- Product Rating -

The Shape of Water

| December 9, 2017

I’m not a person with that much of an affinity for the endearingly shoddy B-pictures of the Cold War era, but I completely understand the appeal—it just happens to be a genre that I haven’t endowed much time to. Color me a bit surprised to see that The Shape of Water, being an awards frontrunner and garnering a plethora of nominations already, is in fact a tribute to that exact batch of films. Here, Guillermo del Toro and co-writer Vanessa Taylor forge a movie that’s highly endeared to the works of yesteryear, injecting a bit of revisionism and a lot of love into a anti-period piece. It’s one full of strong production design and performances that make for a pleasant two hours, but it’s also admittedly something without a whole lot on its mind aside from nostalgia.

Elisa (Sally Hawkins) is a mute janitor at a government facility in the midst of the Cold War who works alongside Zelda (Octavia Spencer) and lives next to the closeted, heart-of-gold-bearing Giles (Richard Jenkins). One day while at work, Elisa comes across an amphibious man (Doug Jones) living in a tube and being use as a giant green guinea pig for testing at the hands of Colonel Richard Strickland (Michael Shannon) and General Hoyt (Nick Searcy). Between her physical shortcoming and his fantastical nature, Elisa and Amphibious Man forge a relationship without words while the former teams up with her friends to save the latter. It is, at its core, a romance, but it’s also a story of a group of outsiders: a beast; a closeted man; a woman of color; and a woman who literally lacks a voice. It’s kind, pleasant, and pretty, its execution largely redeeming the script of its messiness and underlying sense of shallowness.

The Shape of Water is, like most of del Toro’s work, reliant on the wonders of its production design, carried out here by Paul D. Austerberry (The Twilight Saga: Eclipse), which brings a damp warmth into industrial settings and rainy streets of the Baltimore area in which the film takes place. Lavished in a weathered way, it’s complimented by Dan Laustsen’s (Crimson Peak, John Wick: Chapter Two) cinematography. He and del Toro shoot the film in a nearly omnipresent teal tint that elicits the sense of calmness associated with watching marine life swim by at the aquarium while on a school field trip. Camera movements are—ahem—fluid and swaying without drawing attention to themselves, a hard line to walk, a the movie’s spurts of violence play against the color palette in a way that are jarring yet within the aesthetic realm of the film, which is also tied together well by the sound work.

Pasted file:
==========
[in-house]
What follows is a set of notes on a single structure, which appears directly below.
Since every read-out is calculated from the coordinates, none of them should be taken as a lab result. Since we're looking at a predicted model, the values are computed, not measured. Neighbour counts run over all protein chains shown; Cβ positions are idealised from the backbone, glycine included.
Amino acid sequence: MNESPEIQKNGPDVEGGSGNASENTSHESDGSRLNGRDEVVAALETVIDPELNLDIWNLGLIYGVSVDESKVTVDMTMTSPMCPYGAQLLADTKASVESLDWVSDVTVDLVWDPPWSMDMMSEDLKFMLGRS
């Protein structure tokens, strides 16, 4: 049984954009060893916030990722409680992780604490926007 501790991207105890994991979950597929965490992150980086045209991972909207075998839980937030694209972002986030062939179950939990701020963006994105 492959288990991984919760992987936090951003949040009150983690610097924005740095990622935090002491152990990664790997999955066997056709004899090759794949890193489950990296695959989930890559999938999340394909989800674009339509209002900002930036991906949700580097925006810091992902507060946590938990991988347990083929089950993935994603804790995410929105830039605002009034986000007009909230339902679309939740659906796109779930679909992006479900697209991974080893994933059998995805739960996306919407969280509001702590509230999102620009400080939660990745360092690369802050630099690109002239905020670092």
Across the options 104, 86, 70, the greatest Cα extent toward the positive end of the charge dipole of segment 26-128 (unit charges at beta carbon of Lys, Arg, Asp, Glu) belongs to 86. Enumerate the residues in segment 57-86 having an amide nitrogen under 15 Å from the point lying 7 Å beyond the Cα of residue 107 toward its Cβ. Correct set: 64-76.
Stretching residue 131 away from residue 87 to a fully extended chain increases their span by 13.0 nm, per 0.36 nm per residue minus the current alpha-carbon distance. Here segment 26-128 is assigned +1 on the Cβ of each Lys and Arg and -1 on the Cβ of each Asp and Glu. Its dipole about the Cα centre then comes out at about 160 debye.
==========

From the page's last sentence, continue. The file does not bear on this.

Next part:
As is likely evident, technical expertise is where The Shape of Water shines the most. Nevertheless, the work of Hawkins helps ground the movie with a tender humanity, which is in turn played well with Jenkins and Spencer, the former who gets some of his most charming moments in memory. Spencer adds more depth to the type of character she’s been relegated to playing for a long while, distracting from the film’s unwillingness for the most part to dive deeper into the prejudice that she experiences. It’s Shannon, though, who is given the least to do, instead bringing to life the same guy he’s been typecast as for virtually his entire career.

The entire movie feels a bit held back in a similar regard: it’s a story that could have had a lot more substance than it ultimately does. Del Toro and Taylor’s influences are clear from the start, and some decisions regarding structure and scope are quite fascinating. Looking at Cold War-era America is so often something narrowed down to suburban life, but The Shape of Water visits those on the outskirts of society. The first half is really quite enchanting as it illustrates our protagonist’s life, her personality, her job, her neighbors. The admiration for something so alien and so exiled from center-stage society is something timeless but portrayed here with a great attention to time and place, its subtext reflecting both the art and the culture of the time. That’s where The Shape of Water stops, though. It’s something that hinges more on the comfort supplied by its visuals instead of the people being followed. Peripheral characters are visited quite evenly, but the main antagonist feels like something of an afterthought, and a rather weak one at that. Shifts in tone and the focus of the plot can feel messy in the latter third, and it’s quite distancing at times.

Walking out of the theater, I was immediately struck by the truth that The Shape of Water reminds me a fair amount of La La Land. Both are movies that are in love with nostalgia, are a bit revisionist, and are homages to bygone genres. Both are also movies that I think are pretty good at the most, benefitting from their performances, some interesting ideas, and not a ton of exploration regarding what they could have been overall. I don’t see myself remembering a great amount of The Shape of Water, nor do I imagine myself seeing it again. It’s a modest success in the place of what could have been a thing of wonder, a movie hard to dislike to not that tempting to love, a project that has palpable passion spread out a bit unevenly, but one that still makes for a good time.

About the Author:

Senior year film student at Columbia College Chicago, Hollywood Film Festival pre-screener, and Best Social Media Presence for North Farmington High School's 2014 senior mock elections. Firmly believes that ".gif" is pronounced "jiff".
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